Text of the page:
The Collective Why
Mainstream eating disorder education is oriented through a medicalized and western cultural lens. Education about eating disorders has been solely regulated through predominately white academic institutions and organizations. These academic institutions and organizations knowingly or unknowingly replicate systems of domination such as patriarchy, white supremacy, educational hierarchies/classism within their research, conceptualization, teaching and treatment of eating disorders.
Most of the trainers, teachers, and facilitators within the eating disorder field are white. These training programs often use outdated language, do not address privilege, and often pathologize the food and body relationship.
The research, understanding, teaching, and treatment of eating disorders has been normed and standardized on white bodies, and the field is years behind in addressing eating disorders in Black, Brown Indigenous, and People of Color (BBIPOC) communities.
Predominately white institutions and organizations often tokenize BBIPOC and other marginalized communities, to offer a "diverse" perspective while rarely investing in the systemic and institutional change required to address the experiences of BBIPOC.
Collectively, BBIPOC and white folks committed to liberation leave many of these trainings feeling unfulfilled and disconnected as we contend with the gap between our educational awareness and the lived experiences of the myriad of people we have the privilege of working with and alongside.
These experiences of unfulfillment and disconnection contribute to:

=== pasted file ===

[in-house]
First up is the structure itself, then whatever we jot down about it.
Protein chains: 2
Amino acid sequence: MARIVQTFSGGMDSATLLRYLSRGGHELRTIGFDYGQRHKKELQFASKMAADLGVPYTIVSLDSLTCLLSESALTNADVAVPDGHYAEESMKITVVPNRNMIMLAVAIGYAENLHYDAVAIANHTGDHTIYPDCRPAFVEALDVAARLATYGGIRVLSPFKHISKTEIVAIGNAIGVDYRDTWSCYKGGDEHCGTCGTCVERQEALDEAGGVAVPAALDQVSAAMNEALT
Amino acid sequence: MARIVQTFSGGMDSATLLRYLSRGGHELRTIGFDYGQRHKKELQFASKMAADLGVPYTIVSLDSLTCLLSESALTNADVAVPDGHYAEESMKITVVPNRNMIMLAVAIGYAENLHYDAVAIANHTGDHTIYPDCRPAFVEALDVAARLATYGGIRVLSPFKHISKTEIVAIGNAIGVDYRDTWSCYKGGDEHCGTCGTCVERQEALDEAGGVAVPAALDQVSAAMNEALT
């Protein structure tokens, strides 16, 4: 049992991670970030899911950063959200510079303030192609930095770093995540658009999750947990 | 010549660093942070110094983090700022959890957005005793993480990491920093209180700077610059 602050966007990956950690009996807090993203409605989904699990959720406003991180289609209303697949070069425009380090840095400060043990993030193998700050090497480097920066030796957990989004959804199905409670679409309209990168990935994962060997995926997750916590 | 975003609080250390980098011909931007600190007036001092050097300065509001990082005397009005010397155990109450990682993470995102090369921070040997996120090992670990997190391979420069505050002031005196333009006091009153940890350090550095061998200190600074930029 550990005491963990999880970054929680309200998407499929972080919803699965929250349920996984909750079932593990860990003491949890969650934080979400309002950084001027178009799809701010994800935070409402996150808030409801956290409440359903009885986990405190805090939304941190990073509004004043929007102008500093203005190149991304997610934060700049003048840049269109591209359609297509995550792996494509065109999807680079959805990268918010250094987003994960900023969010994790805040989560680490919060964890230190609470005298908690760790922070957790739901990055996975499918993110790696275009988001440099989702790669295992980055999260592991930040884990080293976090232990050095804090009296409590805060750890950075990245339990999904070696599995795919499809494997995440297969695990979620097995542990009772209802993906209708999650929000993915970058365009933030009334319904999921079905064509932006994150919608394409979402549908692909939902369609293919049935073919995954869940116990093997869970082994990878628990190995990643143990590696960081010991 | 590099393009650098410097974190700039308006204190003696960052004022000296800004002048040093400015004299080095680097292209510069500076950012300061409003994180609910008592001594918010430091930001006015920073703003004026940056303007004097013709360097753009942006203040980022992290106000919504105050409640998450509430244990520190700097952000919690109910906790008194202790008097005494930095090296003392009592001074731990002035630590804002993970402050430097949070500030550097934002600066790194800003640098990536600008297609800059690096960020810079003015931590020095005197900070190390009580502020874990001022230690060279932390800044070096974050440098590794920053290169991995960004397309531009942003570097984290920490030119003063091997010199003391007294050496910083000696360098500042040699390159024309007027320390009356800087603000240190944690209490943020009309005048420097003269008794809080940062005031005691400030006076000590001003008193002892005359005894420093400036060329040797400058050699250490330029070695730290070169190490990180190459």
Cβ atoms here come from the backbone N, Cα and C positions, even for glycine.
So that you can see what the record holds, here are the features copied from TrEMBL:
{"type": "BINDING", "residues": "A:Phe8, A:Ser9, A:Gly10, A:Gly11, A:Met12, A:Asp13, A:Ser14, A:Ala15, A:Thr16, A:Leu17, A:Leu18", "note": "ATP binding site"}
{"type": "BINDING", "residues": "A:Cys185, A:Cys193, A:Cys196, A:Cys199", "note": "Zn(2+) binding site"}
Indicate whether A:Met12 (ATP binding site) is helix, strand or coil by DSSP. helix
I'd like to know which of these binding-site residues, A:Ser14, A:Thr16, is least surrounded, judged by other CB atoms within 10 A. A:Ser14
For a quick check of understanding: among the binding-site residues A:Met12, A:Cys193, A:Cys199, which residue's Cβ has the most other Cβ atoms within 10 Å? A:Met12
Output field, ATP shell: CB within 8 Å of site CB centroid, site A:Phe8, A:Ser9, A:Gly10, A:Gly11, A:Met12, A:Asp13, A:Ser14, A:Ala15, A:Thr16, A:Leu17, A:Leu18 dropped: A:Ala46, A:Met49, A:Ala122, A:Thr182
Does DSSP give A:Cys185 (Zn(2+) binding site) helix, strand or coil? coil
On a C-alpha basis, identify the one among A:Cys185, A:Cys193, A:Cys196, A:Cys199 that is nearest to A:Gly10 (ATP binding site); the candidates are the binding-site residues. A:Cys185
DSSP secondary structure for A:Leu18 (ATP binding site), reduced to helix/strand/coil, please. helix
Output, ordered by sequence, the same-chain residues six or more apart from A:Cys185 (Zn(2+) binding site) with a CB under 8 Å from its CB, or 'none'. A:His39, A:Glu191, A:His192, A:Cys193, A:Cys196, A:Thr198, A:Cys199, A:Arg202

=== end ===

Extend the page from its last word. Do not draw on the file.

1) Underdevelopment of eating disorder education.
2) Low confidence and competence when working with eating disorders in BBIPOC communities, and any community that falls outside of the standardized norm of "white".
3) Increased eating disorder relapse due to clients/patients/people not getting the adequate support that they need.
4)Financial strain of investing in certifications that do not get to the root and origins of eating disorders.
5) Competent and creative BBIPOC providers leaving the eating disorders field due to burn out, and their and orientation to the work does not match up to the predominate white narrative.
6) Uncertainty with how to create a thriving and affirming eating disorder specialty business.
7) Treating training and education like a checklist to meet Continuing Education Credits (CEU) and other professional standards vs. an opportunity to expand knowledge holistically.
Reimagining Eating Disorders 101 is about offering a holistic orientation that integrates western, indigenous, embodied, community based education and wisdom. Eating Disorders are conceptualized from the personal, collective, historical, ancestral, psychobiosocial-spiritual lens to offer a comprehensive approach to this work and emergence.